This work was praised as an important contribution to medical knowledge and paved the way for her to be
made an honorary member of the all-male Osler Society.
During her career, Dr. Abbott published over 140 papers and books and delivered countless lectures.
She volunteered as Editor of the Canadian Medical Association journal from
1914-1918 when the editors served in World War I. She also authored studies on the history of medicine in
Quebec and the McGill Medical Faculty. After Sir William Osler died in 1919, she dedicated a special
edition of the Bulletin of Pathology to him. That 600-page volume with 120
contributors took six years to complete. She also wrote a history of nursing that was later used in
nursing schools across the country.
In 1936 Dr. Abbott turned 65 but had no wish to retire. McGill insisted, however, and compensated by
granting her an honorary doctorate. She reluctantly retired from her long career as Curator. After she
retired from McGill, the Carnegie Foundation gave her a grant to draw together all she had learned
concerning heart disease. Unfortunately this work was never completed. Suffering a cerebral hemorrhage
in the summer of 1940, she died on September 2 at the age of 71.
The Legacy of Maude Abbott
Known as the "beneficent tornado", Dr. Abbott's energy was legendary. She was a member (or a guest
member when only men were admitted) of at least 18 organizations. In addition to more than 140 medical
publications, she published 11 major historical works of a non-medical nature.
After her death, the great Mexican painter Diego Rivera paid tribute to Maude Abbott in 1943. He
included her among the fifty most important heart specialists in world history whom he portrayed in a
mural for the National Institute of Cardiology of Mexico City . She was the only Canadian and the only
woman depicted in the mural.
"Maudie of McGill" is still very much a part of that university. Her papers reside in the Osler
Library and her portrait is located in the Strathcona Anatomy and Dentistry Building . On March 10, 2000
a bronze heritage plaque commemorating Dr. Abbott's national historic significance was unveiled for the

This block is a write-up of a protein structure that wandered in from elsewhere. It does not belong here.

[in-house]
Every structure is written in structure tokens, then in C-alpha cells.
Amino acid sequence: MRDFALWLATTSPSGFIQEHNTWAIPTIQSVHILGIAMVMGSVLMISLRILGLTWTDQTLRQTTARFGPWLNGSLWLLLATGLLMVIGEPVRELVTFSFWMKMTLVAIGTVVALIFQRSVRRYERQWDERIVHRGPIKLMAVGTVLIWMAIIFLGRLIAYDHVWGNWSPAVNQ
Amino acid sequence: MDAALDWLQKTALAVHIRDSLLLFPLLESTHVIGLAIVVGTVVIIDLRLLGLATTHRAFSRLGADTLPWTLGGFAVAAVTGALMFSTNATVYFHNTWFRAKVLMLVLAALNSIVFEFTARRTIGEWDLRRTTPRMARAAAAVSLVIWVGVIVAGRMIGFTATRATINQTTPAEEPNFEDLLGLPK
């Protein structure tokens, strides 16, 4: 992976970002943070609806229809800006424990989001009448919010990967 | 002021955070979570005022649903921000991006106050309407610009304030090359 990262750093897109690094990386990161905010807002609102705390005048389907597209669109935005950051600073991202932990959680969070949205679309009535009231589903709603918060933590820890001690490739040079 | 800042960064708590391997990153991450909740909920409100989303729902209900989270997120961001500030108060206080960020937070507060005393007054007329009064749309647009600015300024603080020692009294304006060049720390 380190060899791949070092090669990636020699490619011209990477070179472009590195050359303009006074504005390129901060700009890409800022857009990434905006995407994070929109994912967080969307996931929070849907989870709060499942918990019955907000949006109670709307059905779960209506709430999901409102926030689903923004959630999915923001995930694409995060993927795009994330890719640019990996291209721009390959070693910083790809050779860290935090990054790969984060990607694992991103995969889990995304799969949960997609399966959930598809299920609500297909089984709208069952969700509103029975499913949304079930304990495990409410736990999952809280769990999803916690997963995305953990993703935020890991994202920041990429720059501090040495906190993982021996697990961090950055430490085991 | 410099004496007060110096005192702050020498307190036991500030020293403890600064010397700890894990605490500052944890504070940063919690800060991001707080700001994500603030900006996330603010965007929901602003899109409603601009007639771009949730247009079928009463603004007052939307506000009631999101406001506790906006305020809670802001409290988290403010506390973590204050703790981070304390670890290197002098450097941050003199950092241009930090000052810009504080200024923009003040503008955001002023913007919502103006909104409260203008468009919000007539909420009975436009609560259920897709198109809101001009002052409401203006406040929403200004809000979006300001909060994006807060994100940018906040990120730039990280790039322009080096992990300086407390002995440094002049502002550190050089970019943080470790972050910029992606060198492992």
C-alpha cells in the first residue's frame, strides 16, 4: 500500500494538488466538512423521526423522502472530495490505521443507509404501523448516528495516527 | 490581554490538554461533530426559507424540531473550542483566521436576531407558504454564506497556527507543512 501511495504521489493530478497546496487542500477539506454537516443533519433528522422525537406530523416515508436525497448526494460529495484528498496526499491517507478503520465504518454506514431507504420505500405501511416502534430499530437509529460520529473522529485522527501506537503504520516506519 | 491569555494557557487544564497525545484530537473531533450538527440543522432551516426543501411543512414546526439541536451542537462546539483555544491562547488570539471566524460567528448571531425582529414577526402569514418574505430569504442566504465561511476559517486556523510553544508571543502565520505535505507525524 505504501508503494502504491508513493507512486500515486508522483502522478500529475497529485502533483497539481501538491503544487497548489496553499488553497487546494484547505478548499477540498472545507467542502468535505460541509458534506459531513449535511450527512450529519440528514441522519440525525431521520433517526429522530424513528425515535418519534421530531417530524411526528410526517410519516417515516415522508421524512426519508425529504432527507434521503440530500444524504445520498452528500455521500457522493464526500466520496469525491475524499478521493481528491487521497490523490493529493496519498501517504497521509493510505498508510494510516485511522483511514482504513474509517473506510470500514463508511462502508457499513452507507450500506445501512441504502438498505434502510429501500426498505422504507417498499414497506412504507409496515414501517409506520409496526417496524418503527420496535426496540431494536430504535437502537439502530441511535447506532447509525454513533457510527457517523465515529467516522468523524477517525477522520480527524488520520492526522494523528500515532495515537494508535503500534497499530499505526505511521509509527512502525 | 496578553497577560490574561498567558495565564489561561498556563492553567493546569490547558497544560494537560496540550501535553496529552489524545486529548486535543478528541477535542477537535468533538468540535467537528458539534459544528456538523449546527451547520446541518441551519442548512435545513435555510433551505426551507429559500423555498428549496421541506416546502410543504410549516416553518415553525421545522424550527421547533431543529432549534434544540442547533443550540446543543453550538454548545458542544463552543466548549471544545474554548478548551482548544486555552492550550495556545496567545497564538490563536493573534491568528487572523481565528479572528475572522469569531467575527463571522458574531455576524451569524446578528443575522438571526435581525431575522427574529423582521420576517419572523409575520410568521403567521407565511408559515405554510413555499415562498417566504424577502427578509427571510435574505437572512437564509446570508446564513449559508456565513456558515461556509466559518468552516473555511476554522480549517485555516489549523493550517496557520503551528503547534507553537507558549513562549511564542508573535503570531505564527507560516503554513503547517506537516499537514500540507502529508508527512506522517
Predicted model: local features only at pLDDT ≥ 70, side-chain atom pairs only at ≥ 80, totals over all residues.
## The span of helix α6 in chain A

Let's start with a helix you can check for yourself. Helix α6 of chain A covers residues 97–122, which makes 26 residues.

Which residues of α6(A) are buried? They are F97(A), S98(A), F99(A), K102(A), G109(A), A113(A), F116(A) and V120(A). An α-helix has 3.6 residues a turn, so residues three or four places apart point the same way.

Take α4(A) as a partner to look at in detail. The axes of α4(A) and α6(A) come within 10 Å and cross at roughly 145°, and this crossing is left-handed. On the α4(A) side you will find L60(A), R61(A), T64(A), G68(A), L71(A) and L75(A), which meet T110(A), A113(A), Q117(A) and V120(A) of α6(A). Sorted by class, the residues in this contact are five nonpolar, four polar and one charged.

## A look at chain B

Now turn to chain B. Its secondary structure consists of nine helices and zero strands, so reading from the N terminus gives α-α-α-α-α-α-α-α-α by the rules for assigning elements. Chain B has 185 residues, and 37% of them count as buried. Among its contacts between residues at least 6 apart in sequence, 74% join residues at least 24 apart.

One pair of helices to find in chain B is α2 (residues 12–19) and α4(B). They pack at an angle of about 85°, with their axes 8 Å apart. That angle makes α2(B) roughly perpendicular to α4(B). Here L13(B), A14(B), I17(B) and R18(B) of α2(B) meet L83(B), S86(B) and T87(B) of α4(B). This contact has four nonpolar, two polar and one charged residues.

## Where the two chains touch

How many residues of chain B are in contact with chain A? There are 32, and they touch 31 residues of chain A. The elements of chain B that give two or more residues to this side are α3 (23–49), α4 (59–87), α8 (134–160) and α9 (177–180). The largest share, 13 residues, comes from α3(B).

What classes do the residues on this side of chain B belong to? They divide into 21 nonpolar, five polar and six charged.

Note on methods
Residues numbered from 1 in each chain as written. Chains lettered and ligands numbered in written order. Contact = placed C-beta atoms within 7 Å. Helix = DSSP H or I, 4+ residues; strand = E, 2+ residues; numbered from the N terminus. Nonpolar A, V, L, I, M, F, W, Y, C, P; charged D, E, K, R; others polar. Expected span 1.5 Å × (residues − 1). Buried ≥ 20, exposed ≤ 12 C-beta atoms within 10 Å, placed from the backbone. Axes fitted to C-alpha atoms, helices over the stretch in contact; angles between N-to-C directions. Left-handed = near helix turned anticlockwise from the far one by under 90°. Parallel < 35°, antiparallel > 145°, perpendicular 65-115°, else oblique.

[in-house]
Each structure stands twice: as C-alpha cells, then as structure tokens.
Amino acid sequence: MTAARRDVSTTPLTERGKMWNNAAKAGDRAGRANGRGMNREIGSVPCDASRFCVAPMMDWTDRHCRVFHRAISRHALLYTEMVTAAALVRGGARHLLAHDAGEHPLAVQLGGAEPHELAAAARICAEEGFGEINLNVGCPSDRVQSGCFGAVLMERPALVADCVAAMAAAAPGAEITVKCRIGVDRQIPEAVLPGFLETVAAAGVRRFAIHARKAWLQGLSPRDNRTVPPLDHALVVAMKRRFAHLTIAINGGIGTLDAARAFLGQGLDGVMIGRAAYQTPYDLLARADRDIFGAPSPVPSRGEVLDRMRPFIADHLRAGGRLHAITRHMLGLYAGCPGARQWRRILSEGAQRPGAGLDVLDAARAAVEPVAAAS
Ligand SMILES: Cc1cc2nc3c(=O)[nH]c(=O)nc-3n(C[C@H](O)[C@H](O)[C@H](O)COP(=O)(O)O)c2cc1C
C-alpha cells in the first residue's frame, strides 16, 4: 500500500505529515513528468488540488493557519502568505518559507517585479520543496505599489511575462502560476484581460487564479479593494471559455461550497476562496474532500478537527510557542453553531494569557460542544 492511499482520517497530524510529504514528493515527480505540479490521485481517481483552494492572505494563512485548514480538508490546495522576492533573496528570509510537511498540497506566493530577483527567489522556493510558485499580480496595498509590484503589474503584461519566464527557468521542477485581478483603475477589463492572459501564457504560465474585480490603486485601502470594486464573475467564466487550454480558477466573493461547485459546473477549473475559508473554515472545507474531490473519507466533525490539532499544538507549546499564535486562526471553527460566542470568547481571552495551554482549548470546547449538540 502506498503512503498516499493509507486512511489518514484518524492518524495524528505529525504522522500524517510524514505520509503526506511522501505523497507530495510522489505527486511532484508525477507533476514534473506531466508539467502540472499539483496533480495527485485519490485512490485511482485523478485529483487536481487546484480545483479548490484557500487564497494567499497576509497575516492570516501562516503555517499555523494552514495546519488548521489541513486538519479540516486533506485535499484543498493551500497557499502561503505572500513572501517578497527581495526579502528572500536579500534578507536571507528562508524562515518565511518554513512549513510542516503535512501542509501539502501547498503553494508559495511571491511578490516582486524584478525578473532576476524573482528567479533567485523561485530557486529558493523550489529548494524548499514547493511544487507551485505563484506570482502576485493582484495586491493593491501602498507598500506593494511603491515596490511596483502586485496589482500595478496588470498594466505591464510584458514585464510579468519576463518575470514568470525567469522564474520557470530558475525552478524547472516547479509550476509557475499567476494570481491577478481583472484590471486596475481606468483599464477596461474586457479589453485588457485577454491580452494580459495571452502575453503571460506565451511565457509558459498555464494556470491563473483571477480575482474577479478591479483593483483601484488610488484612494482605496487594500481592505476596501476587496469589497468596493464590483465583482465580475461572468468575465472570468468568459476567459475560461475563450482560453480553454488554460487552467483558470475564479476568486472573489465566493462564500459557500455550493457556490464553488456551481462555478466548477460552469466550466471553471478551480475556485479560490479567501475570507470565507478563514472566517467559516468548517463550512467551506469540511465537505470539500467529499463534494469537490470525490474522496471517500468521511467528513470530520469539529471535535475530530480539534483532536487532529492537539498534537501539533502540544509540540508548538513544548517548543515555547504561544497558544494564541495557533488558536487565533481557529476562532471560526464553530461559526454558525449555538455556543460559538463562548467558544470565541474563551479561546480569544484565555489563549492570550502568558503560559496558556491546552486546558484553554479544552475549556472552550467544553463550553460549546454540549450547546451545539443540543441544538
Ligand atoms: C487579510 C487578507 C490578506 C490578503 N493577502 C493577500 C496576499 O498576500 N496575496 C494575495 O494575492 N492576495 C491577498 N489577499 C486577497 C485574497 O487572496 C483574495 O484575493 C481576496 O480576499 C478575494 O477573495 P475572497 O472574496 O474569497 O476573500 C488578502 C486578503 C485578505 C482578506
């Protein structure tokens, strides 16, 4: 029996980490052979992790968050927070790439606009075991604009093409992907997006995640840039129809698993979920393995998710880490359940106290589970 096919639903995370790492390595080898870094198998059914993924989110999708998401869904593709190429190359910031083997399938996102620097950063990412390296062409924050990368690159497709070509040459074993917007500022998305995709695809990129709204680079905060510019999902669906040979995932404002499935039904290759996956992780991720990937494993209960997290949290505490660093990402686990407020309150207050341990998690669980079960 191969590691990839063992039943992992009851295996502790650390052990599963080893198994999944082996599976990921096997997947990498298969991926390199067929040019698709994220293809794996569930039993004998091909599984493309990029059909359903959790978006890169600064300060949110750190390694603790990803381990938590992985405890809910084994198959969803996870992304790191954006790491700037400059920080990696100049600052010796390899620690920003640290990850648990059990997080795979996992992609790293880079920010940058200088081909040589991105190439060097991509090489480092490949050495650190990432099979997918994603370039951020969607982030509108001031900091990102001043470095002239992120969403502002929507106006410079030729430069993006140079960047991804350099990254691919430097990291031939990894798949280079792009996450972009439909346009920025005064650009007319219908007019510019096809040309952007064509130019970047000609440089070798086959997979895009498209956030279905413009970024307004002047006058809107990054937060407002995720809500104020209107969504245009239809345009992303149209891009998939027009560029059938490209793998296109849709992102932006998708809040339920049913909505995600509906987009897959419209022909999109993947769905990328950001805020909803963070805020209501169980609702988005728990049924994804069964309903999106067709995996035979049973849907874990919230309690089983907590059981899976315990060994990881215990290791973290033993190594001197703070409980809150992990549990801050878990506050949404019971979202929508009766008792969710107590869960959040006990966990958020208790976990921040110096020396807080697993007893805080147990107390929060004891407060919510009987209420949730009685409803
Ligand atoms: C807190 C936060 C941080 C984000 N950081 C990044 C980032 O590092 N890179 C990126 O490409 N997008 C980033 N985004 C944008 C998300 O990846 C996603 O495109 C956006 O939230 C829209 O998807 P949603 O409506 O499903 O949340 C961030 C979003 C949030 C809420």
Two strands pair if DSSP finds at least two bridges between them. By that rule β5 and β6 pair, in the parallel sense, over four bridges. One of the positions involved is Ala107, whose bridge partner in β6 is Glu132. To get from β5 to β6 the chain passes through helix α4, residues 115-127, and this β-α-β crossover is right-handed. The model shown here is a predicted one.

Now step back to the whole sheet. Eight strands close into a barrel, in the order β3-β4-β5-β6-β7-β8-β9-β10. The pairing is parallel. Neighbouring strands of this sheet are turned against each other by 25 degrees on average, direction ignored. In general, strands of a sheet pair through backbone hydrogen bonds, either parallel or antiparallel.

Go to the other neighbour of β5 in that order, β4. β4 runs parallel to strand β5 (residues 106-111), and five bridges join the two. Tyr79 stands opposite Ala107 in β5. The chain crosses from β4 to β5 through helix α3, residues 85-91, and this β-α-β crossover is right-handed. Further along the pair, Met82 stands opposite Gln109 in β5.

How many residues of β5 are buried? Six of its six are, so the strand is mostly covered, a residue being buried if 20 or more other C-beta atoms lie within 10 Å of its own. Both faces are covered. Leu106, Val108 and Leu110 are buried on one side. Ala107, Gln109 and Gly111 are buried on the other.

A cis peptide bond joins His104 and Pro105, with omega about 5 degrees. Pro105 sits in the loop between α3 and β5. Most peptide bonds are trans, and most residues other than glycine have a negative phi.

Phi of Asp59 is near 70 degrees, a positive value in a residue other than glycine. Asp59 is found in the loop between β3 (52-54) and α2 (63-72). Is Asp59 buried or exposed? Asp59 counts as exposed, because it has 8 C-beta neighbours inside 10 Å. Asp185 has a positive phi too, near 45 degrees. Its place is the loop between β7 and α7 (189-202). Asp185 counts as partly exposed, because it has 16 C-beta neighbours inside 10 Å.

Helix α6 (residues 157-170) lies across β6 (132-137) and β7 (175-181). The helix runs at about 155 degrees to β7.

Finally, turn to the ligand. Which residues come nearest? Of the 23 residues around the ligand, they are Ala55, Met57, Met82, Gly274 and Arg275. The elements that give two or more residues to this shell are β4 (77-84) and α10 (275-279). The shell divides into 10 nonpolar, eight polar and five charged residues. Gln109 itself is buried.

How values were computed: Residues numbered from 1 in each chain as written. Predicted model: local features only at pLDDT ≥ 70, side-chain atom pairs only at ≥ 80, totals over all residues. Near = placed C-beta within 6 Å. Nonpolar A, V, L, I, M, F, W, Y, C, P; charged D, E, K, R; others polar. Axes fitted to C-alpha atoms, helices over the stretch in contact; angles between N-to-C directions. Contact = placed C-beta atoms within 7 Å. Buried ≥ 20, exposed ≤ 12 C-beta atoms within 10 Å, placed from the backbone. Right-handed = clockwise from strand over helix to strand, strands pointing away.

entrance of the McIntyre Medical Building .
The International Academy of Pathology continues to recognize Maude Abbot for her leadership and
contributions. Its letterhead reads "Founded by Maude Abbott in 1906" and the Academy established the
Maude Abbott Lecture in 1958.
In 1924 she helped to found and became the first Chair of the Medical Women of Canada (now The
Federation of Medical Women) a Canadian organization committed to the professional, social and personal
advancement of women physicians. The Foundation established the Maude Abbott Memorial Scholarship Loan
Fund in 1938. The Federation also successfully lobbied Canada Post to pay tribute to Dr. Abbott. A
forty-six cent postage stamp entitled The Heart of the Matter was issued in
her honor as part of the Millenium Collection on January 17, 2000 .
Dr. Maude Abbott was posthumously inducted into the Canadian Medical Hall of Fame in 1994. This
world-renowned medical pioneer put Montreal and Canada on the map for pathology and cardiology. Through
her published writings and devoted teaching, as well as her patient and persistent personal style, Maude
Abbott made invaluable contributions to medicine and to the advancement of women. Her life distinguishes
her as one of Pathology"s greatest heroines and role models.
A selection of Maude Abbott's writings:
- The Atlas of Congenital Cardiac Disease
- Pigmentation-cirrhosis in a case of Haemochromatosis
- An Historical Sketch of the Medical
Faculty of McGillUniversity
- On the Classification of Museum Specimens-American Medicine
- The Museum in Medical Teaching
- Congenital Cardiac Disease in Osler's Modern Medicine
- The Determination of Basal Metabolism by Indirect Calorimetry
- Florence Nightingale as seen in her portraits
- McGill's Heroic Past